Financial and Mental Health Concerns of Impoverished Urban-dwelling Bangladeshi People During COVID-19
journal contributionposted on 2023-08-30, 18:43 authored by Md Saiful Islam, Md Estiar Rahman, Rajon Banik, Md Galib Ishraq Emran, Noshin Saiara, Sahadat Hossain, Md Tasdik Hasan, Md Tajuddin Sikder, Lee Smith, Marc N. Potenza
Background: The COVID-19 pandemic has impacted the physical, mental and financial health of many individuals. Individuals living in impoverished crowded settings may be particularly vulnerable to COVID-19-related stressors. How substantially marginalized groups like impoverished urban-dwelling individuals have been impacted during this pandemic is poorly understood. The present study aimed to investigate the associated factors of financial concerns and symptoms of depression and posttraumatic stress disorder (PTSD) during the COVID-19 pandemic among impoverished urban-dwelling individuals residing in Dhaka, Bangladesh. Methods: A cross-sectional survey was conducted between August and September 2020 using face-to-face interviews in six disadvantaged neighborhoods (“slums”) in Dhaka. Individuals were interviewed using a semi-structured questionnaire consisting of questions assessing socio-demographics, lifestyle, financial well-being relating to the COVID-19 pandemic, depression, and PTSD. Results: Four-hundred-and-thirty-five individuals (male = 54.7%; mean age = 45.0 ± 12.0 years; age range = 18–85 years) participated. Most (96.3%) reported that their household income decreased due to the COVID-19 pandemic. Factors associated with decreased household incomes included female gender, primary education, joblessness, food scarcity and depression. Depression symptoms were linked to female gender, joblessness, divorce, living in a joint family, excessive sleep and smoking. Low incomes, excessive sleep, joblessness and food scarcity were positively associated with PTSD symptoms. In contrast, less sleep appeared protective against PTSD. Conclusions: Public health initiatives, in particular mental health services that target stress and biocentric approaches that consider how humans interact with multiple facets of nature, should be introduced to mitigate against potential financial and psychological effects of the pandemic on impoverished urban-dwelling individuals in Bangladesh.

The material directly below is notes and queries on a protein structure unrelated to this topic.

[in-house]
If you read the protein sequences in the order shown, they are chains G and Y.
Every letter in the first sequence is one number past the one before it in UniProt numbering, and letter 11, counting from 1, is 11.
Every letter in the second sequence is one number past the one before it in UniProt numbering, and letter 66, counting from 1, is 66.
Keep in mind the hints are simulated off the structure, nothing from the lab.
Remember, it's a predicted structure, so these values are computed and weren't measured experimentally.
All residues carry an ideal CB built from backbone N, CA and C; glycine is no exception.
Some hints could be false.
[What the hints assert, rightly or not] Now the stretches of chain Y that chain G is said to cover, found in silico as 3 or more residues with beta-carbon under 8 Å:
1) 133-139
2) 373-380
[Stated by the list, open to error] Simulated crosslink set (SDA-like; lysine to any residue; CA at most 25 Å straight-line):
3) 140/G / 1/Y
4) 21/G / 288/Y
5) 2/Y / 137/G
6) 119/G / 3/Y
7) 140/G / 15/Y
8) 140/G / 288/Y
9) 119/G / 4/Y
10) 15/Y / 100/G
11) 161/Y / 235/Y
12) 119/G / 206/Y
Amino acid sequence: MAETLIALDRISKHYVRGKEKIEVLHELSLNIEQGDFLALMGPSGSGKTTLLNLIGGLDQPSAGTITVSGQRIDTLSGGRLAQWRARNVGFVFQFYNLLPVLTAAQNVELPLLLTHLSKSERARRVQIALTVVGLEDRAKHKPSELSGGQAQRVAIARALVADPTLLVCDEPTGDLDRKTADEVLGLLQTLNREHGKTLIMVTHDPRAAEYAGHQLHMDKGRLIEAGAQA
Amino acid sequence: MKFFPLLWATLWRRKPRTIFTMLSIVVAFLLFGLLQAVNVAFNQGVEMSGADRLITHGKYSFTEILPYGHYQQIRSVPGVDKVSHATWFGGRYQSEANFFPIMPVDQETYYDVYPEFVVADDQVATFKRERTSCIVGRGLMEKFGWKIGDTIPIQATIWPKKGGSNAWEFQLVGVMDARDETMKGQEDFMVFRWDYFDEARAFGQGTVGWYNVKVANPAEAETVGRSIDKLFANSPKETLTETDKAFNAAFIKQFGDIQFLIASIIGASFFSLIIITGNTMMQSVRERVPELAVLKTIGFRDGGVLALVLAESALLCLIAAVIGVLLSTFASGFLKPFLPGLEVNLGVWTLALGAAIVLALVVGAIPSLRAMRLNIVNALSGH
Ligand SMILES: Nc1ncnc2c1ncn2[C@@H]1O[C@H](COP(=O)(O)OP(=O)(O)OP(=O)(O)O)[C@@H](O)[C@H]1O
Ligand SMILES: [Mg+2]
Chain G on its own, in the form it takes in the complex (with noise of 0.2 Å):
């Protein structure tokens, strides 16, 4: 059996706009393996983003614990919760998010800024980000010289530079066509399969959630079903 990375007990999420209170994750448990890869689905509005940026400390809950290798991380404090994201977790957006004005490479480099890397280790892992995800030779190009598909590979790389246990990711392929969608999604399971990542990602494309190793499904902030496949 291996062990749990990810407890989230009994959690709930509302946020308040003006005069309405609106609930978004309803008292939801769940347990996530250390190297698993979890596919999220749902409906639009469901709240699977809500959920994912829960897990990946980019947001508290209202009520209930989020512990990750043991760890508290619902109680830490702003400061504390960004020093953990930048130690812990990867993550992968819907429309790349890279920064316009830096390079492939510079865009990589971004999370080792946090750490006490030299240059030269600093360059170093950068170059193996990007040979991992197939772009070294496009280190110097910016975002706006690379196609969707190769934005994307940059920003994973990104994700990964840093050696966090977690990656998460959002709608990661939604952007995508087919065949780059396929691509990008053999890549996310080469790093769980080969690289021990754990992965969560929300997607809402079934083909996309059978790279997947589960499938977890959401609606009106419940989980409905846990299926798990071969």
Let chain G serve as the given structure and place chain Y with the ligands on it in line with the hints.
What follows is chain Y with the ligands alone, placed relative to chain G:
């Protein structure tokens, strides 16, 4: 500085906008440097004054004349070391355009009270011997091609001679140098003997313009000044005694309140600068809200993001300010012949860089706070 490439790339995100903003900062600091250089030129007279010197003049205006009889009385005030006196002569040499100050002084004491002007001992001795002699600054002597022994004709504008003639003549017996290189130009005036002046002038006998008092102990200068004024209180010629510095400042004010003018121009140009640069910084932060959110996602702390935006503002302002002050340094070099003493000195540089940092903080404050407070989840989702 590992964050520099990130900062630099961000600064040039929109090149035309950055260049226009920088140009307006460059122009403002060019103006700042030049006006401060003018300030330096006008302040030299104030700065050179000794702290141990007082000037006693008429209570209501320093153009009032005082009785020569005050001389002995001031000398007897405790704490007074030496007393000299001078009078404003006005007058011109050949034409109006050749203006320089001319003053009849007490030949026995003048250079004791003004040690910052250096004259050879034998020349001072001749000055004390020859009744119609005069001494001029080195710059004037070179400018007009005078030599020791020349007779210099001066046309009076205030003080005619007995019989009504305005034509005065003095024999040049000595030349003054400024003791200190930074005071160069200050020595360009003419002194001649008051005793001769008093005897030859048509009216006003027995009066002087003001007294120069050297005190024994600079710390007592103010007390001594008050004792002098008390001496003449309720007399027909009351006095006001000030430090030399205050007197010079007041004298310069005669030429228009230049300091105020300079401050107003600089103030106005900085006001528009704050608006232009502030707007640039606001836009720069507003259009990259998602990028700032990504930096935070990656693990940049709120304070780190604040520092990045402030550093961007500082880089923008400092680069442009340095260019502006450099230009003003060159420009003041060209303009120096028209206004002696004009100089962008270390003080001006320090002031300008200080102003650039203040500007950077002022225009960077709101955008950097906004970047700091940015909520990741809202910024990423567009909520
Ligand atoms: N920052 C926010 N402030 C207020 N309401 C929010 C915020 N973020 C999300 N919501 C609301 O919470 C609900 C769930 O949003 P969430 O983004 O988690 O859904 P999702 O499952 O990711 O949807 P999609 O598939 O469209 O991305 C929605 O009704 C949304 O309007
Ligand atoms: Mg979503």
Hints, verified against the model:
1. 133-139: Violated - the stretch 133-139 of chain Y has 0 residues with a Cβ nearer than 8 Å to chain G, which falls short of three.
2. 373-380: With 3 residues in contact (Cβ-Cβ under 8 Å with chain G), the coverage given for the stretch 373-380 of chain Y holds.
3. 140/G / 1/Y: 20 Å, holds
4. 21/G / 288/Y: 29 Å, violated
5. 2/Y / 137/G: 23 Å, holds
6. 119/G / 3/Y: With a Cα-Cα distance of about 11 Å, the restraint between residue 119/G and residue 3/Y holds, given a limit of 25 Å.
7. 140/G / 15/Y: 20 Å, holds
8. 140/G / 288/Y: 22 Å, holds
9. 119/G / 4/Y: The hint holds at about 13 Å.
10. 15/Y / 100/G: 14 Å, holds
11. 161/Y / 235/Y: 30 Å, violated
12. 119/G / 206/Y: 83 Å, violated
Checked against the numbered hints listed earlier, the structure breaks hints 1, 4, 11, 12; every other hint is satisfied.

Publication titleFrontiers in Psychology
- Accepted version